Shock wave as biological therapeutic tool: From mechanical stimulation to recovery and healing, through mechanotransduction

M. C. d'Agostino, K. Craig, E. Tibalt, S. Respizzi

Research output: Contribution to journalArticlepeer-review


Extracorporeal Shock Wave Therapy (ESWT) is a form of "mechanotherapy", that, from its original applications as urological lithotripsy, gained the field of musculo-skeletal diseases as Orthotripsy (mainly tendinopaties and bone regenerative disorders) and Regenerative Medicine as well. The mechanisms of action of Shock Waves (SW), when applied in non-urological indications, are not related to the direct mechanical effect, but to the different pathways of biological reactions, that derive from that acoustic stimulations, through "mechano-transduction". So, the "mechanical model" of urological lithotripsy has been substituted by a "biological model", also supported by current knowledge in "mechanobiology", the emerging multidisciplinary field of science that investigates how physical forces and changes in cell/tissue mechanics can influence the tissue development, physiology and diseases. Although some details are still under study, it is known that SW are able to relief pain, as well to positively regulate inflammation (probably as immunomodulator), to induce neoangiogenesis and stem cells activities, thus improving tissue regeneration and healing. ESWT can be nowadays considered an effective, safe, versatile, repeatable, noninvasive therapy for the treatment of many musculo-skeletal diseases, and for some pathological conditions where regenerative effects are desirable, especially when some other noninvasive/conservative therapies have failed. Moreover, based on the current knowledge in SW mechanobiology, it seems possible to foresee new interesting and promising applications in the fields of Regenerative Medicine, tissue engineering and cell therapies.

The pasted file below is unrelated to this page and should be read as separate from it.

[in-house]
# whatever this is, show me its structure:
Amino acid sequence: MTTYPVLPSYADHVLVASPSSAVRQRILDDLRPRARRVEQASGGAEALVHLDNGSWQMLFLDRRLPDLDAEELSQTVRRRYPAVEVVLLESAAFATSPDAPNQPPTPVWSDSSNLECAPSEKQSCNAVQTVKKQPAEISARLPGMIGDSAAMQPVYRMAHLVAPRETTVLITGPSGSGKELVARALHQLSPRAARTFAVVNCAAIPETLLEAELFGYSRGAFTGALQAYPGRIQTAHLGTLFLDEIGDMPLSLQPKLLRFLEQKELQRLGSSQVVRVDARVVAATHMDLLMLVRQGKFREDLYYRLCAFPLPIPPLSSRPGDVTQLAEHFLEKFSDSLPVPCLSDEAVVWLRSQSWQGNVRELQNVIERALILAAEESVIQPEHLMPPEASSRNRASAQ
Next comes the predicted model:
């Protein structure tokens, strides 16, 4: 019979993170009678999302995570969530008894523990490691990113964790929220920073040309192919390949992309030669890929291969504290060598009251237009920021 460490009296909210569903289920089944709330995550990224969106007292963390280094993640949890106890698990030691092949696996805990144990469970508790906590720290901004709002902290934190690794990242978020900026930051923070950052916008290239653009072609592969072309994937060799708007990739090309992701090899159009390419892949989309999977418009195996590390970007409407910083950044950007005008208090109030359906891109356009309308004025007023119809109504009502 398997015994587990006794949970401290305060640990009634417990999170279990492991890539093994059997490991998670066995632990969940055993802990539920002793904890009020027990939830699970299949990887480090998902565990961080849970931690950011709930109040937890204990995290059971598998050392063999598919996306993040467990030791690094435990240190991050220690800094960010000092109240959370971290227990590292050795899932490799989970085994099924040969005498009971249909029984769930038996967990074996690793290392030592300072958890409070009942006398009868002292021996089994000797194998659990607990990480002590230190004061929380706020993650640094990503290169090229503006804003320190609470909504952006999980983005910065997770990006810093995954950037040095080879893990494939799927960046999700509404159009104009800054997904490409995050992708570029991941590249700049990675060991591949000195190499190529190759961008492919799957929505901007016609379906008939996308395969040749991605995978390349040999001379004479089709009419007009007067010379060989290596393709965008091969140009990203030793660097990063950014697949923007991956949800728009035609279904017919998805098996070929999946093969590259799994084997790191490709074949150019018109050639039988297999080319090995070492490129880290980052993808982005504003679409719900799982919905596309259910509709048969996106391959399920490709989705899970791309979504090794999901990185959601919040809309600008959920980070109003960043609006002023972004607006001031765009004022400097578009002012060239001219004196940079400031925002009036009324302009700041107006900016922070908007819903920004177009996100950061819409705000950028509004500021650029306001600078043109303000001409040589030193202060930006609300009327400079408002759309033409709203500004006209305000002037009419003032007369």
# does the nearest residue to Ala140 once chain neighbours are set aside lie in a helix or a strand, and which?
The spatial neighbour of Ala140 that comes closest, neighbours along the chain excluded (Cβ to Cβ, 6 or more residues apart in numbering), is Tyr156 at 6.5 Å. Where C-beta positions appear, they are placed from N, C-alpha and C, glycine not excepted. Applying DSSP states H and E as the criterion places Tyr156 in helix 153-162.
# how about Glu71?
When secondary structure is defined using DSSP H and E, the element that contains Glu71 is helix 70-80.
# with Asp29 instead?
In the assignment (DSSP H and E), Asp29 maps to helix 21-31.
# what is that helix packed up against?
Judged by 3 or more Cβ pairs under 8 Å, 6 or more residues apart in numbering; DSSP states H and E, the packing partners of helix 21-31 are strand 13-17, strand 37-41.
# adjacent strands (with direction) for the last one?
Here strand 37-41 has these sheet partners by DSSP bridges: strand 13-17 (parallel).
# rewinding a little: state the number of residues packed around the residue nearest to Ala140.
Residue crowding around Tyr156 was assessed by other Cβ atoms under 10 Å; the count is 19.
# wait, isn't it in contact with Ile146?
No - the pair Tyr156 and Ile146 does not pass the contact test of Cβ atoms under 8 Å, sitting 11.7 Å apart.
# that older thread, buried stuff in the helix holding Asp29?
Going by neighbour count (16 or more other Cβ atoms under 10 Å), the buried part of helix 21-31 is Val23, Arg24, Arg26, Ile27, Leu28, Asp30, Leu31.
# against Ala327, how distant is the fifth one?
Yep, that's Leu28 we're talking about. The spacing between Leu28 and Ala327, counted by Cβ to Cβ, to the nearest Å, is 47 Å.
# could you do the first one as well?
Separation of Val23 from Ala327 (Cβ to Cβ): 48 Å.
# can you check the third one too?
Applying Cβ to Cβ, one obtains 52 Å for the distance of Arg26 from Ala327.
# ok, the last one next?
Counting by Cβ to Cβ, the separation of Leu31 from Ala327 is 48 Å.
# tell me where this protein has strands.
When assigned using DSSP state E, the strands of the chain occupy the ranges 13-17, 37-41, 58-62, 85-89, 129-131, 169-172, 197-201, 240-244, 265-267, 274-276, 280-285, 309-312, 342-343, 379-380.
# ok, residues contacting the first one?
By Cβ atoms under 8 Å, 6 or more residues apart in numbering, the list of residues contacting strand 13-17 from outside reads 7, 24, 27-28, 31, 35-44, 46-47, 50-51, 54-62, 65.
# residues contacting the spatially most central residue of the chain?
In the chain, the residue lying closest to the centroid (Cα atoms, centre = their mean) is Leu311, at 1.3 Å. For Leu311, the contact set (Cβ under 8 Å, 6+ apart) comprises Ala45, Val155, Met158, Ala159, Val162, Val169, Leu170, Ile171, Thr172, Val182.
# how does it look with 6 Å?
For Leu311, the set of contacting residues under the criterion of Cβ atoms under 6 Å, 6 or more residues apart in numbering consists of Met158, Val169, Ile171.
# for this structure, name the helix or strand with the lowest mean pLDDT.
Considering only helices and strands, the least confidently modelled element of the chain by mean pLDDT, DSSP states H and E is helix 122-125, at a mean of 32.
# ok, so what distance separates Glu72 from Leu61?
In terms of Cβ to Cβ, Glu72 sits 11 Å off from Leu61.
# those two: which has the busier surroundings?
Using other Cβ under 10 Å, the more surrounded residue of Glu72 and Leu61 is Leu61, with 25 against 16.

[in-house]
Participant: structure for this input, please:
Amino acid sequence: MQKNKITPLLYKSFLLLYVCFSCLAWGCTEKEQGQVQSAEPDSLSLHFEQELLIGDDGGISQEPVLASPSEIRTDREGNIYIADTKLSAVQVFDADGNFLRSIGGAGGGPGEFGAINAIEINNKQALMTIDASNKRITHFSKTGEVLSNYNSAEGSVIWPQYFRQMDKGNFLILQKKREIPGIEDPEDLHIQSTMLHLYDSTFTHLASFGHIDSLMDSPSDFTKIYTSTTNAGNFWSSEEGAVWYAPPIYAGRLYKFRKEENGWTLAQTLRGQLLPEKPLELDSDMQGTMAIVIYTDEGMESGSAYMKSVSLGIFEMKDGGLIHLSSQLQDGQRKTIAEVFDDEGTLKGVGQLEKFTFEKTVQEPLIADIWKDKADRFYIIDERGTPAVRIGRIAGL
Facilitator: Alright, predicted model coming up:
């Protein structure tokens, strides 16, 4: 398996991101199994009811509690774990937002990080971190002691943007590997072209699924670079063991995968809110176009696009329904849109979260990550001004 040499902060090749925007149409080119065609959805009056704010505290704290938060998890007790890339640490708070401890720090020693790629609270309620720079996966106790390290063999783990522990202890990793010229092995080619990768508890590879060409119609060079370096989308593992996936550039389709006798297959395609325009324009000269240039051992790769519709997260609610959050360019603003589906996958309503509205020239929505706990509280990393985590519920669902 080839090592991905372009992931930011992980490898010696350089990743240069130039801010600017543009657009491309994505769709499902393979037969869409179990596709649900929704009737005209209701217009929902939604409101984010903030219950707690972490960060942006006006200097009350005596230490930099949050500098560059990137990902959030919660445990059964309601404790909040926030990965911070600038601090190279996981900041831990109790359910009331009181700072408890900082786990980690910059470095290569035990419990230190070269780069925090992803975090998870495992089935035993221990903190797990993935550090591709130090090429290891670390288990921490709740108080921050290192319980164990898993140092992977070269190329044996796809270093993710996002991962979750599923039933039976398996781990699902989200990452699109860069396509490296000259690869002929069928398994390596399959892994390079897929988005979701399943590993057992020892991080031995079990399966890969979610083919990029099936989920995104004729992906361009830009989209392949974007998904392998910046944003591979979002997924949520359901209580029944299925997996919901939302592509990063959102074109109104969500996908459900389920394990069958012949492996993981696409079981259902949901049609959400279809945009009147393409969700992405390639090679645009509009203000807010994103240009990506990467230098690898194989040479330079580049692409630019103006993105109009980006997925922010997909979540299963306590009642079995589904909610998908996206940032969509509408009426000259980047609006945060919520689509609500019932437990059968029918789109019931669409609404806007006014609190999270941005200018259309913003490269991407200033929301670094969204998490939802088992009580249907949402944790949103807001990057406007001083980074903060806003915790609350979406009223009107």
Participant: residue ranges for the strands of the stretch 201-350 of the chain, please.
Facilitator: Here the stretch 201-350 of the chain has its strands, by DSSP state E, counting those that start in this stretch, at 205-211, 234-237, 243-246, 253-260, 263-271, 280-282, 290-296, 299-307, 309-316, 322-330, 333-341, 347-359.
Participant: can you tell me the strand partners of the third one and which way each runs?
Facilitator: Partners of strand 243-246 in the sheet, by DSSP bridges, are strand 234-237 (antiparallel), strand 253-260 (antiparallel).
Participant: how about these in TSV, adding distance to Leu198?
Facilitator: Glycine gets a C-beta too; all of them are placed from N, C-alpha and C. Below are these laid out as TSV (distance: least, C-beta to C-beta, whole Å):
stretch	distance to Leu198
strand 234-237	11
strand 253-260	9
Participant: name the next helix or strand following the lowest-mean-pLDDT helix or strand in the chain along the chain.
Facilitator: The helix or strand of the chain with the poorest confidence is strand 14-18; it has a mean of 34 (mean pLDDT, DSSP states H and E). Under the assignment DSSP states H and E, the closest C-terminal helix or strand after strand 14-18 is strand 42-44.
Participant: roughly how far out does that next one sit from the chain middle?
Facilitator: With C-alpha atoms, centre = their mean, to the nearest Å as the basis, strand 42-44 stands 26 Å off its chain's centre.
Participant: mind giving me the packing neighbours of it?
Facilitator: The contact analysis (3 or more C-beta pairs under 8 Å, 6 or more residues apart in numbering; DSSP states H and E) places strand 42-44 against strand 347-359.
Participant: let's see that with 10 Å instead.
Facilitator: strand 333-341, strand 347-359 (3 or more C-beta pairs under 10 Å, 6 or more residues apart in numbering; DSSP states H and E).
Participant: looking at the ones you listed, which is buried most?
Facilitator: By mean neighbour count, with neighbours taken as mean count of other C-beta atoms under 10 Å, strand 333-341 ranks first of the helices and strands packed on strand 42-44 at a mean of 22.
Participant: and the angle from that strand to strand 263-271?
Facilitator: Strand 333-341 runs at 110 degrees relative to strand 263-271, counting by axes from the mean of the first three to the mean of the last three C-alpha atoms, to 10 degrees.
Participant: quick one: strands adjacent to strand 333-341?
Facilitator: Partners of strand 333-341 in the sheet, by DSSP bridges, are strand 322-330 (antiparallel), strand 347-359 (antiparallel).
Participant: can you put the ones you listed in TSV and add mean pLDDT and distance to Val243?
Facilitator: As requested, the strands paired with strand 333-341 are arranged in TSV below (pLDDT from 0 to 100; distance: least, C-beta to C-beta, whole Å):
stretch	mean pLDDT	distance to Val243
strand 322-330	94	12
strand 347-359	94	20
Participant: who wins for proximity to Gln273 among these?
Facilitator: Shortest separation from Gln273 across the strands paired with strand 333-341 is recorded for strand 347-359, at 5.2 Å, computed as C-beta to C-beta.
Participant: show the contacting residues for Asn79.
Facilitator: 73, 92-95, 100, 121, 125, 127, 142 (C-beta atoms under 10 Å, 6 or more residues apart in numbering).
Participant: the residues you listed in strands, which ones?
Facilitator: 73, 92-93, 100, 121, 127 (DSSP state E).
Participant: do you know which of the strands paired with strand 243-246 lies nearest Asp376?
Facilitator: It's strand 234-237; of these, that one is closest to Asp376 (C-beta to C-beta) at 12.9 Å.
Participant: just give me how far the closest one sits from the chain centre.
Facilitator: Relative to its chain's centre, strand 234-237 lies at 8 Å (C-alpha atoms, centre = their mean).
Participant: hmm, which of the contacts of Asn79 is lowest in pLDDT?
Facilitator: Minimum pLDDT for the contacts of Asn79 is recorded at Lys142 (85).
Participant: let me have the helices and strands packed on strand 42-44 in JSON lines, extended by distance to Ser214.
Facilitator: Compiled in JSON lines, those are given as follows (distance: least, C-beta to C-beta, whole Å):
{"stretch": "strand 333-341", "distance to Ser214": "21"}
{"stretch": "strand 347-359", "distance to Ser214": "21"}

Original languageEnglish
Pages (from-to)147-153
Number of pages7
JournalInternational Journal of Surgery
Publication statusPublished - Dec 1 2015


  • Inflammation
  • Macrophages
  • Mechanotransduction
  • Remodeling
  • Shock waves
  • Tissue
  • Tissue regeneration

ASJC Scopus subject areas

  • Surgery


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